In Dabbs v. Calderon, a Texas Court of Appeals considered a case in which the defendant ran a red light and crashed into two cars. One of the passengers in one of the struck cars was pinned inside the car. When he was freed by emergency personnel, they found his leg was badly hurt. Doctors diagnosed him with a fracture in his shin bone and gave him a pain medication prescription, stabilized his leg, and discharged him. At home, his family had to cook for him and give him baths.
Three weeks later, his leg was covered in fracture blisters, and he had to stay at the hospital for five days. Six months later, he had to have a surgery, and he went to physical therapy three days a week for several months until April 2012. Later he testified that his right leg atrophied from non-use, and when he did try to use it, his foot would swell and turn blue.
The accident victim sued the woman who crashed into the two cars, claiming she negligently ran a red light because she was distracted. The woman claimed she couldn’t stop because her brakes failed.
The plaintiff testified that this affected his ability to enjoy certain activities, such as playing sports with his son. Before the accident, he’d almost finished training at Texas Barber College, but since he couldn’t stand on that leg, he couldn’t actually finish training. He also suffered other ailments unrelated to the accident and had never been able to do any work besides manual labor.
The court returned a verdict for the plaintiff, awarding him damages for medical expenses, pain, mental anguish, disfigurement, and bodily impairment. The plaintiff appealed on several grounds. Among other things, she argued there was insufficient evidence that she was negligent. The court explained that in order to win on a factual sufficiency challenge, the defendant would have to show that the evidence was so against the weight of the evidence as to be clearly wrong and unfair.
In this case, it was undisputed that the woman’s vehicle came into the intersection on a red light. The parties disagreed about why. The court found there was enough evidence to show the defendant was distracted and negligent. The defendant had said at the scene she was distracted by a child crying in her van. She also didn’t know the traffic light’s color as she approached the intersection. Her brakes had been checked a few weeks prior and were fine then. The court found there was sufficient evidence that she was negligent.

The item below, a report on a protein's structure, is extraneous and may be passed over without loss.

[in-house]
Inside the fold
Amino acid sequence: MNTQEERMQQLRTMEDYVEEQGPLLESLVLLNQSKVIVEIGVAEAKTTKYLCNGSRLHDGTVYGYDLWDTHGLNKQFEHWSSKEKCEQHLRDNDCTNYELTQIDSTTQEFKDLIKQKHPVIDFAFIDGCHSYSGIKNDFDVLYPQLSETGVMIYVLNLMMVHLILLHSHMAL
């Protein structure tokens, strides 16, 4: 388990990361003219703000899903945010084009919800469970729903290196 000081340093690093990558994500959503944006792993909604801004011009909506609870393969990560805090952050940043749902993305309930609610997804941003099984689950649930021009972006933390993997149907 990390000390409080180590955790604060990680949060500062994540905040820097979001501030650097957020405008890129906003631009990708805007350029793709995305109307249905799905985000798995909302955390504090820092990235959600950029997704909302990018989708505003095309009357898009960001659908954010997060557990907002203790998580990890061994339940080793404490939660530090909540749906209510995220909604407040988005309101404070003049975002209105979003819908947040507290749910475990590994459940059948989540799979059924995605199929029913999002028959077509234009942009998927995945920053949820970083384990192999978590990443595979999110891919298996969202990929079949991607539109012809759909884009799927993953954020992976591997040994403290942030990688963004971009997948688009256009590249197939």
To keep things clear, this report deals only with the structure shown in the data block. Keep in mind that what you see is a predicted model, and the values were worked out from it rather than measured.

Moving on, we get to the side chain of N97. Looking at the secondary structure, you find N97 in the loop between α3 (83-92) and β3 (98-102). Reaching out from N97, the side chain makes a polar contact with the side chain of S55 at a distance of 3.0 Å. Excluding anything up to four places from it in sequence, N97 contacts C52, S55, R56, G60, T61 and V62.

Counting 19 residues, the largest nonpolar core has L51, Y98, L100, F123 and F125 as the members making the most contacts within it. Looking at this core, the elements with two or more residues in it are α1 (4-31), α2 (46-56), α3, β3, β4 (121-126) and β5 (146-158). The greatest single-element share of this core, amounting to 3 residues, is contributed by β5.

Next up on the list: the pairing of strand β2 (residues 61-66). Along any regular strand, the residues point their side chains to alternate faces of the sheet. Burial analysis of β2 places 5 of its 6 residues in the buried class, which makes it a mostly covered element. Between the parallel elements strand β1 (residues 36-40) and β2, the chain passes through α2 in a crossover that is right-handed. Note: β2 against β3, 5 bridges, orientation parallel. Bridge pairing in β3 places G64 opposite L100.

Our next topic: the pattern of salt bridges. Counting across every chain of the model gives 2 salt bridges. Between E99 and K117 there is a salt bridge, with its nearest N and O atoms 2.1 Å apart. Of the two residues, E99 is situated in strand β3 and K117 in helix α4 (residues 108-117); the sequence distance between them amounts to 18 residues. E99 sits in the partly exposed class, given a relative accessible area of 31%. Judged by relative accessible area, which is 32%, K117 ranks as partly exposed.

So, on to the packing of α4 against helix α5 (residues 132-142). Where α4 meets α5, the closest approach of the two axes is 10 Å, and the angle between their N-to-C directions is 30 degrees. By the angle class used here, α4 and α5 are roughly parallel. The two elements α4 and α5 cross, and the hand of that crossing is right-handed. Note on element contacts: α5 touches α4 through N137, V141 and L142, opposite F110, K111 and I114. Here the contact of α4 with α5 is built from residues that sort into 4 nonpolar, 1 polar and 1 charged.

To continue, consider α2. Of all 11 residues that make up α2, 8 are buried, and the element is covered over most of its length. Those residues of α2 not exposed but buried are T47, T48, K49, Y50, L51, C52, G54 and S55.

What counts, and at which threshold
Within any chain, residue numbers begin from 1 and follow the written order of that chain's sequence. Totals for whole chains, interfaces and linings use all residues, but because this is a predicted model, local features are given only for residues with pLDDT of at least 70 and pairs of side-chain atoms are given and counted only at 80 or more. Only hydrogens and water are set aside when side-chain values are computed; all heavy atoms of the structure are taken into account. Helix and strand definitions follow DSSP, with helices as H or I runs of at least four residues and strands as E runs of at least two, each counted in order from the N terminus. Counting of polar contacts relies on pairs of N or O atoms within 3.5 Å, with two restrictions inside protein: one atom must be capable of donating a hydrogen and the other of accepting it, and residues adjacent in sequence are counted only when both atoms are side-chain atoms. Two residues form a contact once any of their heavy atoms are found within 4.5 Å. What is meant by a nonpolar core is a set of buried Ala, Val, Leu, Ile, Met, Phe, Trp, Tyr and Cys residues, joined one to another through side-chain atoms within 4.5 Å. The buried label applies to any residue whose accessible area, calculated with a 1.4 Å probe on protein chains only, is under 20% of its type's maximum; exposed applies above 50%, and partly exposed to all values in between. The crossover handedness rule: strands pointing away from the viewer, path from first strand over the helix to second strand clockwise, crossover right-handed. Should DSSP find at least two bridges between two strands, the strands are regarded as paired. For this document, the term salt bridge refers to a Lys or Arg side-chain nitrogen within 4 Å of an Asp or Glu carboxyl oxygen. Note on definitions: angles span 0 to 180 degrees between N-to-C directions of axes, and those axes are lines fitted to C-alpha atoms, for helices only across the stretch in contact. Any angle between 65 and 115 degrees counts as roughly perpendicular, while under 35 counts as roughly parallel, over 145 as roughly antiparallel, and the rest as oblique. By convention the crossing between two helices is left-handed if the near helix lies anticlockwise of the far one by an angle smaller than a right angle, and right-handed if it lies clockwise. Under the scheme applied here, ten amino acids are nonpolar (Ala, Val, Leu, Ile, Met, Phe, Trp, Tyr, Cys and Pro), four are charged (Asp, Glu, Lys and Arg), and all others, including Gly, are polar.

The defendant also argued there was insufficient evidence to support the damages award. Among the items of damages the defendant challenged were physical pain and mental anguish. The court had awarded the plaintiff $250,000 for past mental anguish and pain and $75,000 for future mental anguish and pain. The court explained that anguish is a very high degree of mental distress and pain.
The defendant believed $250,000 was excessive for past physical pain. The plaintiff testified that the dashboard was smashed over his right leg, and it was a pain he’d never endured in his life. The emergency first responders had rated his apparent pain a 10 and noted that he was hyperventilating. He suffered further pain from fracture blisters and a surgery attaching an external fixator to his leg. The trial court observed his scars and saw that one was eight to 10 inches long. He had a four-year-old son and felt depression because he couldn’t hold him or play sports with him.
The defendant argued that the award was excessive because he had suffered hydrocephalus since birth and therefore had never been able to drive or get a job besides manual labor. He’d also suffered other physical ailments like diverticulitis. The court noted that, while he had suffered pain from other medical conditions, the evidence showed a high degree of physical pain from the leg injury. For this and other reasons, the lower court’s judgment was affirmed.
If you’re hurt in a car accident, it is important to retain an attorney who understands the types of damages you may have suffered. The experienced San Antonio personal injury attorneys at Carabin Shaw may be able to help you. Call our office for more information at 1-800-862-1260.
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